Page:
Let me tell you about one of the longest days of my life.
As I’ve mentioned in earlier columns, my father operated a rendering plant on Riverside Drive just south of Broadway.
We bought product from many different sources, one of which was the Asheville Livestock Yard, located near where the Day’s warehouses are now.
When I was about 16 or 17, I was given the job of going to the stockyard to bid on what we called “killer horses and mules.”
These were animals that were mostly too old to be useful and were sold very cheaply just to get rid of them. I was quite proud of being a buyer at the stockyard, and I became reasonably skillful at estimating the animals’ weight, which was how we determined the price we could pay.
Buyers at stock auctions are usually professionals; the auctioneer knows most of them and their particular bid signal, which could be a lifted finger or a scratch on the nose.
The advantage in using me as the buyer was that sellers didn’t notice me, a small teenage boy who was buying these animals to kill. Some people would refuse to sell if they found that out.
Our competition was a company down east that bought these animals for fox feed on fur farms.
Normally I would buy four or five animals at a Friday sale, but on this particular day the competition didn’t show up and I was able to buy about 15 animals at great prices, one of which was a particularly cantankerous blind mule.
I excitedly called my father to give him the good news but caught him in the middle of some serious business problem and an ill mood.
I told him I needed the big truck to haul the animals to the plant. He said the truck wasn’t available, and when I asked him how I was supposed to get them to the plant, he said, in a moment of pique, “I don’t care—walk ‘em down there.”
I knew my dad was not a man to argue with when he was in a bad mood, so I found a young black man who hung around the stockyard picking up odd jobs, and I told him I would give him $5 to help me drive these animals down Riverside Drive to the plant.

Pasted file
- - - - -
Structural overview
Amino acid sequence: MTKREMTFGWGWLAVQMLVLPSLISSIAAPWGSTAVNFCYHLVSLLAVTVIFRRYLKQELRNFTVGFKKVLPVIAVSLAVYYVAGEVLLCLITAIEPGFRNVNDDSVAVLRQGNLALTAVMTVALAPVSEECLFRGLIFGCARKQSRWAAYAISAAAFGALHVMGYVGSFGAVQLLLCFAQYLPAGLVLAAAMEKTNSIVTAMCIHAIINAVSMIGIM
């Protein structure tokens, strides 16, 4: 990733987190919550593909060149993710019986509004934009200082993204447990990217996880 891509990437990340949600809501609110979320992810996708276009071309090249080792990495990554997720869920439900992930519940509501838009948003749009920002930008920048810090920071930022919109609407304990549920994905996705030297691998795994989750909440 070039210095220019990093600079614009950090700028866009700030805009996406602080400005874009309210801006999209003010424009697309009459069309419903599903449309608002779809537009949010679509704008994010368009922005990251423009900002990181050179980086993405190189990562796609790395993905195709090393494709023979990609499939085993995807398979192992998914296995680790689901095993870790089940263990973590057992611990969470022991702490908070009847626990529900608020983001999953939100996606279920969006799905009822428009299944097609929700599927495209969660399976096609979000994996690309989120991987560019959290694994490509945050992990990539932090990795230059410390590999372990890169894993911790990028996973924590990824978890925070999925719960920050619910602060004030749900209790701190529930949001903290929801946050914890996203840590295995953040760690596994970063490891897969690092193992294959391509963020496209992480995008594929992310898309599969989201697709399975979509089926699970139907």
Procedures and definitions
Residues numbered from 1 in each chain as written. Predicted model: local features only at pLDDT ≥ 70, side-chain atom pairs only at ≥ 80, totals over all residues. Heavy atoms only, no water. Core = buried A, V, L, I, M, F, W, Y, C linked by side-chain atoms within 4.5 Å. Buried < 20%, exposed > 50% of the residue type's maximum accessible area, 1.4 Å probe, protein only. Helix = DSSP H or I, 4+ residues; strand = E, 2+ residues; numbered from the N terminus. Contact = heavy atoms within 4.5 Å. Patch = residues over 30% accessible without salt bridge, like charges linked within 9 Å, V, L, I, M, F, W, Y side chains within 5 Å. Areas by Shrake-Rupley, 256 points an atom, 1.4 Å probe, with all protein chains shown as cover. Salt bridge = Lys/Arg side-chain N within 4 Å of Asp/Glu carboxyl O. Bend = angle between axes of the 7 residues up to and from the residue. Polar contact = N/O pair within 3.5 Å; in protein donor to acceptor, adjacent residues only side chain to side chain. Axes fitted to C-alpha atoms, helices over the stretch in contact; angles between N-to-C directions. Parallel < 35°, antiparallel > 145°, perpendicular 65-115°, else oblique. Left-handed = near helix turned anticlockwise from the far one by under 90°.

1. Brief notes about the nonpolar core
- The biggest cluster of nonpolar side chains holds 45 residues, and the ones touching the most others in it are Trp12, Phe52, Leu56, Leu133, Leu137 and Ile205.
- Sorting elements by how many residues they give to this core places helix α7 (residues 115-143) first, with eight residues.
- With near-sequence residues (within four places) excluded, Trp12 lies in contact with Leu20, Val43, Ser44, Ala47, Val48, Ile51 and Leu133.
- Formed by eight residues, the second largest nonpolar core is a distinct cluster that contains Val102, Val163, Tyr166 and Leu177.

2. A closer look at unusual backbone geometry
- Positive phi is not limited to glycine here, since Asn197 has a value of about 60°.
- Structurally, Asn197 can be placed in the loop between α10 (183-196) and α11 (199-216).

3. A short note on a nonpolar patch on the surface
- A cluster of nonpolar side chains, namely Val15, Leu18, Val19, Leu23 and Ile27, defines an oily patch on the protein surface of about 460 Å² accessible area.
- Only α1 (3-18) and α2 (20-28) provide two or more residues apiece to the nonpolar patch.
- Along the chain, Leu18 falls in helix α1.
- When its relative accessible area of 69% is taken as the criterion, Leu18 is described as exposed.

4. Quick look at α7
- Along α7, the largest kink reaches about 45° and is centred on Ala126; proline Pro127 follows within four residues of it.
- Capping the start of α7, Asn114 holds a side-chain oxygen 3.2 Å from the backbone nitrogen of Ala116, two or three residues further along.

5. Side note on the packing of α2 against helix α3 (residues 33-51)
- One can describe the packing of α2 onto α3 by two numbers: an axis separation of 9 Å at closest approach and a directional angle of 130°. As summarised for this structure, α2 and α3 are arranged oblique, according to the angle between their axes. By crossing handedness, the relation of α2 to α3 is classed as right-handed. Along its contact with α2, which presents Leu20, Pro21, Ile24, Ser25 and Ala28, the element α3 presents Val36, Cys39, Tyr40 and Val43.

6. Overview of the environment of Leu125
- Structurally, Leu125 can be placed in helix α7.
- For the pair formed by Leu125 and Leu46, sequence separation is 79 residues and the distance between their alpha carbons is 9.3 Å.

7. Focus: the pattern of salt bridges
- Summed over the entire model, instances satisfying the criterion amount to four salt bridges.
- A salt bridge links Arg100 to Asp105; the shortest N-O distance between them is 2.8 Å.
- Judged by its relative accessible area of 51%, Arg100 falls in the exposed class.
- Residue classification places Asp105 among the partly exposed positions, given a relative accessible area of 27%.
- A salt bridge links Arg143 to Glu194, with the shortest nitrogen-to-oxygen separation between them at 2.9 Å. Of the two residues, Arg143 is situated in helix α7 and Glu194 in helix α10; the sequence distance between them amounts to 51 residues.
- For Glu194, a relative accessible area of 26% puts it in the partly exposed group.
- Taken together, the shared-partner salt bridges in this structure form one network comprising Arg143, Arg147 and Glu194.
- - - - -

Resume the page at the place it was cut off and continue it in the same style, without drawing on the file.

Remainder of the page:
I found a farmer who had a hundred feet of rope that I bought for $2. We tied all the animals together, and I put the blind mule in front.
We were quite the sight as I led this mule train down Riverside Drive with my helper driving them from behind. We must have backed up traffic for a half-mile or more, and to make matters worse, a couple of the older animals kept breaking down, and we would have to get them up and going again. It must have taken at least two hours to walk them the two miles to the plant. You can imagine how relieved I was by the end of this ordeal.
Meanwhile, I had come up with what I thought was a brilliant idea. Instead of butchering the animals as soon as they were brought in, it made sense to me to build a pen and put them there, keeping them alive for a day or two in case we were over capacity.
I bought an electric fence from Sears that would shock the animals if they touched it to keep them from getting out of the pen.
Very tired but satisfied with “mission accomplished,” I was looking forward to a Friday evening with my friends.
That was not to be.
About two hours after I got home, we got a call from the Asheville Police Department. Apparently the rank, ill-tempered mule was not impressed with the fence I had built and had broken it down. The animals had gotten out of the pen and were wreaking havoc all over the neighborhood.
We had to round up all our men to go find them and bring them in. It was like the Wild West, trying to corral all the varmints with lassos and guns.
Of course, they were hard to find in the dark, having scattered far and wide. A couple had made it all the way to the farmers market on North Lexington Avenue, where they were helping themselves to the stored produce.
Luckily these were mostly older animals that didn’t move very fast, and we were able to capture most of them after several hours of hard work and aggravation. Unfortunately two were hit by cars and had to be destroyed on the spot by the police officer.
The worst was a horse that jumped off a bank and his head went through the passenger side of a pickup truck, where a woman was sitting holding a baby. Fortunately no one was hurt, but you can imagine the terrible trauma that poor woman must have suffered.
By the time we rounded up all the animals, settled damages with some of the vendors at the market, unruffled the feathers of the neighbors whose yards had been damaged, and contacted the insurance companies to handle the vehicle claims, it was daylight. Everyone was mad and exhausted, and I’d been transformed from a buyer of animals to one of them: the “goat.”
I was really lucky that the plant wasn’t operating at the time, as everyone involved in this all-night roundup was angry enough at me to put me in the rendering pot.
Even though I was spared this fate, it was still one of the longest days of my life.
[Jerry Sternberg has been active on the local scene for many years. He can be reached at email@example.com.]